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Raising Kids in the Ghetto – Close Relationships are the Key

Well, I’m still remembering and reminiscing about the days when my children were little. I’ll share a few more stories about raising kids in the ghetto.

We ended up in this run-down neighborhood when we bought a house and fixed it up. It was the nicest place in the entire neighborhood, but it would not sell because no one who could afford to buy it wanted to live there.

It was cold outside and my son was playing in the backyard. He wanted to warm things up a bit. When things heated up a bit too much he came running into the house with this terrified look on his face.

“Mmmmmommy?” I could tell something was wrong. Observant, aren’t I?

“What is it?”

“F-f-f-fire! Mm-m-momie!”

“Tell Mommy what happened. You aren’t in trouble, just tell me….”

He didn’t have to. I looked out the window to see the playhouse engulfed in smoke. I ran out of the house, grabbed the hose, and ran to the rescue. It was only a matter of minutes before everything was under control, but my daughter has been mad at her brother ever since for melting her plastic stove; dishes, play food, and all.

Those are accidents, and I suppose every kid has at least one to tell about. Then, there are things that adults do that are truly stupid. Like the guy who lived across the street from us. He would get drunk and lay in the ditch night after night until the police came out to get him back into the house when someone finally complained of his moaning. And the two gals who lived next door who fought all the time. One day the blond got into her car and tried to run over the redhead. She missed the first time so she took a second and a third try until she succeeded in penning her against the concrete wall with the bumper with no place to run. Then she proceeded to beat her. I was watching out my bedroom window. I was on hold with the police station…again.

I thought things couldn’t get any worse. Then, another set of renters moved in after the “ladies” were evicted. This family had some bad dogs that were so vicious I couldn’t let my kids play in our own front yard. The dogs tore everyone’s trash out and strew it all over our yard; trash that included the front leg of some animal, probably a deer since it was hunting season. I called the landlord and the police. I was told there was nothing that could be done unless I could get the dogs into captivity on my property. My son’s bb gun took care of that situation right away. Mommas can shoot too! I just can’t hit a target, but the sweet pup was tied securely to my front porch ready for their ride to the Animal Shelter later that afternoon.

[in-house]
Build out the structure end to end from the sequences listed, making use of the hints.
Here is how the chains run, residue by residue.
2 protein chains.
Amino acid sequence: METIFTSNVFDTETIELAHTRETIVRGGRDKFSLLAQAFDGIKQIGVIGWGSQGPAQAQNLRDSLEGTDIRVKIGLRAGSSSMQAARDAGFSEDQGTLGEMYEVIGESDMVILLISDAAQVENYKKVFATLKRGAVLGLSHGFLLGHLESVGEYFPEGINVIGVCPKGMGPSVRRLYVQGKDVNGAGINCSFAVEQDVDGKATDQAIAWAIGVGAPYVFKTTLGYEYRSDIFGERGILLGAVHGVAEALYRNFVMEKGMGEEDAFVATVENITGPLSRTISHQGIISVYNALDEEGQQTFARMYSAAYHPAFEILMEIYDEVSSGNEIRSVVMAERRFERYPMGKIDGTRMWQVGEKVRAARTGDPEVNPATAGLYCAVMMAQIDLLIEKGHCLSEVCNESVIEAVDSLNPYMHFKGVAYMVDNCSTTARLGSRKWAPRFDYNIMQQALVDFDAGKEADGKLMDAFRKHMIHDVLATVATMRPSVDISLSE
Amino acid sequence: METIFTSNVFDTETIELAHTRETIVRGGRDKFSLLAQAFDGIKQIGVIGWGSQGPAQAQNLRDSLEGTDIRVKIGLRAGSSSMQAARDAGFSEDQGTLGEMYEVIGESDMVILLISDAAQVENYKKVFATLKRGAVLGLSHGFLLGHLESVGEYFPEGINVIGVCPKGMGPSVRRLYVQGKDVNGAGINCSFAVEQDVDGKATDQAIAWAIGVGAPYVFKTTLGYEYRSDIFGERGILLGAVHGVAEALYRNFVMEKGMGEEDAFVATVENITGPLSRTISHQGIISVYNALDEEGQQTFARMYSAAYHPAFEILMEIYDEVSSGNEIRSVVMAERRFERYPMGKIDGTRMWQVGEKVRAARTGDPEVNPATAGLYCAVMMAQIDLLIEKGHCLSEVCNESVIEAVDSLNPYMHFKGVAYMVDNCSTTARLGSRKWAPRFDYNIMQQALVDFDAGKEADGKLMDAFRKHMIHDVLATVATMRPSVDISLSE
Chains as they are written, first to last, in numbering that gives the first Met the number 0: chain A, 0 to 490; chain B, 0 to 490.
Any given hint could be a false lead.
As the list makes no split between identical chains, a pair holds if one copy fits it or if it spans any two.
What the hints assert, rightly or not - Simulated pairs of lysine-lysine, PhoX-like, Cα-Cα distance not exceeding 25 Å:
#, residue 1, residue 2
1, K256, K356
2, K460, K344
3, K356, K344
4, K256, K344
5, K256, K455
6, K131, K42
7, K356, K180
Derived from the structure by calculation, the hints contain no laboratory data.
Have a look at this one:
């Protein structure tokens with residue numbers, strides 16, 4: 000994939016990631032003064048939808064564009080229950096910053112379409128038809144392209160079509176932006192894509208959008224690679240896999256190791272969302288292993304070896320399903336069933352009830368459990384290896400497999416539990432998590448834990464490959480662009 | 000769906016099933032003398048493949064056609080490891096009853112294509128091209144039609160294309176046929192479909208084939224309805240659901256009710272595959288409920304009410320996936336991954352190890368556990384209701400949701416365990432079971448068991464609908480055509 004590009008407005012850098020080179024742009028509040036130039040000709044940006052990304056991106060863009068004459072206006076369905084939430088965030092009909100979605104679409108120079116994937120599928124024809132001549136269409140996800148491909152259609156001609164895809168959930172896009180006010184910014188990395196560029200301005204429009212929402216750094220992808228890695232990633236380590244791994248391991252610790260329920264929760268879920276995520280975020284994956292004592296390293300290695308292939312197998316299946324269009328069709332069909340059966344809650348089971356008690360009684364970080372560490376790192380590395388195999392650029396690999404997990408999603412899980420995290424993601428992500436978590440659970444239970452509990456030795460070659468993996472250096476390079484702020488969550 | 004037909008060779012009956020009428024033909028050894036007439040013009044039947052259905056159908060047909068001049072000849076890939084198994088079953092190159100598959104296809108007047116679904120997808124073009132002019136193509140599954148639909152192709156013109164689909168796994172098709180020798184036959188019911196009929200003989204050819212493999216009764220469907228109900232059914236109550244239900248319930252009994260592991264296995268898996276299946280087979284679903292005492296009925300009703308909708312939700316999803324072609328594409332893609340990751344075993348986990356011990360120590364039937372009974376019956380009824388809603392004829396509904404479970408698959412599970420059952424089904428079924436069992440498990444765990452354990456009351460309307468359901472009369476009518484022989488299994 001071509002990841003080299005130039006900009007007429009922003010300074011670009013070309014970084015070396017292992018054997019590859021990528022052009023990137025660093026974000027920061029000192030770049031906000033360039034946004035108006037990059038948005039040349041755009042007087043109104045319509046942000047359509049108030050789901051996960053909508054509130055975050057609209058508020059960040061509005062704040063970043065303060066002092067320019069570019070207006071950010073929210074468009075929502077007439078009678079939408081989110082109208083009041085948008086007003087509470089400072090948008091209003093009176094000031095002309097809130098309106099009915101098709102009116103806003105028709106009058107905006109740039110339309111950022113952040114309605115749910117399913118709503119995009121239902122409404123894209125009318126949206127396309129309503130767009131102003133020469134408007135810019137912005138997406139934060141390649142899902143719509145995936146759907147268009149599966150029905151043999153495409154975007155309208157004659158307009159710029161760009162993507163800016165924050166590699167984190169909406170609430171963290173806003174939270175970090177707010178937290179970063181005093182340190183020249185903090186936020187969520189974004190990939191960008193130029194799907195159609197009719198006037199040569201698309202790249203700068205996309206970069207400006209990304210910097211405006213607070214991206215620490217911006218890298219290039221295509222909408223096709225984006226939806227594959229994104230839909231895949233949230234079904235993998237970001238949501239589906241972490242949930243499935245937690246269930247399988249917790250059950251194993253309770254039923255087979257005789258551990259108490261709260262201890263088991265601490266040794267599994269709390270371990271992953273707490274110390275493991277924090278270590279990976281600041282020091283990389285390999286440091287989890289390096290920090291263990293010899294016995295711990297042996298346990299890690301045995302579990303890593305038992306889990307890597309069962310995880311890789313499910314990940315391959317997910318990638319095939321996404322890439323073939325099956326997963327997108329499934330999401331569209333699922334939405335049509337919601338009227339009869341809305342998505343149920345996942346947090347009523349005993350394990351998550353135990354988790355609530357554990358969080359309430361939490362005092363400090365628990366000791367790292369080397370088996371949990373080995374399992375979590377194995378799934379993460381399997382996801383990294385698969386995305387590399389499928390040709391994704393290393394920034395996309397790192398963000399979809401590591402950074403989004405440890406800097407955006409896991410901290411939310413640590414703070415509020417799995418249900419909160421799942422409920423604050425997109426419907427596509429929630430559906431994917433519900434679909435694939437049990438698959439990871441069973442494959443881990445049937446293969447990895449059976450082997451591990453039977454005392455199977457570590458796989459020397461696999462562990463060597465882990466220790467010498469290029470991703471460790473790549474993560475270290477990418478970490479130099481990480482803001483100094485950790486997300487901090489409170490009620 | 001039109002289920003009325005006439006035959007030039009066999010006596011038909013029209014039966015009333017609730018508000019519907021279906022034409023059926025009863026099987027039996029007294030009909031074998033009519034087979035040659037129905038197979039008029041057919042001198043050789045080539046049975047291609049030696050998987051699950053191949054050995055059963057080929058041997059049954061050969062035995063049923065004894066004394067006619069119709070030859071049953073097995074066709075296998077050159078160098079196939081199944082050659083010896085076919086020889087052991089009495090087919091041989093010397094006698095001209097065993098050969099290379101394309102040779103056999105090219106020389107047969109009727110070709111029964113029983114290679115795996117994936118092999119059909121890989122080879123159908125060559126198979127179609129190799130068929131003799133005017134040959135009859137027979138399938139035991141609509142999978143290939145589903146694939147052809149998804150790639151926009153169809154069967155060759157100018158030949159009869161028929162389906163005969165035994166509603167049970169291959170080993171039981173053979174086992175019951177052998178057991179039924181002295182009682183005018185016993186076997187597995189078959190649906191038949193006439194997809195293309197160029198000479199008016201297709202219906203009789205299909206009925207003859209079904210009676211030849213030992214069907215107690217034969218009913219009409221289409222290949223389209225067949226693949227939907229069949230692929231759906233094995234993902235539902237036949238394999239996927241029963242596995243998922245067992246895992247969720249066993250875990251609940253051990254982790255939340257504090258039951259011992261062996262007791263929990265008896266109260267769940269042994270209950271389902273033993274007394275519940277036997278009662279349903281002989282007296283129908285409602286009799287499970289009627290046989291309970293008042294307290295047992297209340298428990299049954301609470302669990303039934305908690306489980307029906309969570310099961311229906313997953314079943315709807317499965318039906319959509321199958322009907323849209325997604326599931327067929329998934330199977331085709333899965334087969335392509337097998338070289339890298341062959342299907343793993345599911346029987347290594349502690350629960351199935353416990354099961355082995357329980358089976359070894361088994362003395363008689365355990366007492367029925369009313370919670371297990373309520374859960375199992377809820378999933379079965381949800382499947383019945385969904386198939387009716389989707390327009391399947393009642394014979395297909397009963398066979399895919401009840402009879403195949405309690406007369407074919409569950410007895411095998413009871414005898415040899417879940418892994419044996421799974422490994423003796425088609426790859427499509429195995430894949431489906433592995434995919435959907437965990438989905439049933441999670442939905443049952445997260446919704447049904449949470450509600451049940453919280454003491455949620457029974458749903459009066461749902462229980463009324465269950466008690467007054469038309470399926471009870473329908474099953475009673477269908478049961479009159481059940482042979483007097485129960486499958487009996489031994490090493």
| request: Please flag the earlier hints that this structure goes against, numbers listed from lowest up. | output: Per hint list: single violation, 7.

One day I was doing my quilting or playing piano and minding my own business when the GBI came to my front door asking questions about my neighbor. I was asked to identify a hat he wore often. The next morning after I got my kids off to school, I awoke to a loud noise in the backyard. People were screaming and hollering (that’s southern for yelling). By the time I found my eyeglasses, a policeman was straddling atop my neighbor’s back. The young man was lying face down in my petunias while the officer placed handcuffs to arrest him right there in my backyard. His crime? He had killed a woman that he had picked up at the bar down the street. He then stuffed her body into the trunk of a car, drove the car to a local park, left it there, and got a ride home like nothing had happened. Only in the movies, so I thought.

Raising kids in the ghetto is much more difficult than raising them in a safe neighborhood. The key to keeping kids safe is to make friends with your neighbors so you know who you can trust. Then, you help look out for one anothers kids. You have to know where your kids are all the time and youd better have a close relationship with them if you want to survive. Praying a lot helps too.

Well, that’s enough of remembering for one day. I get to sleep late in the morning. I think I’ll go to bed early and get a head start.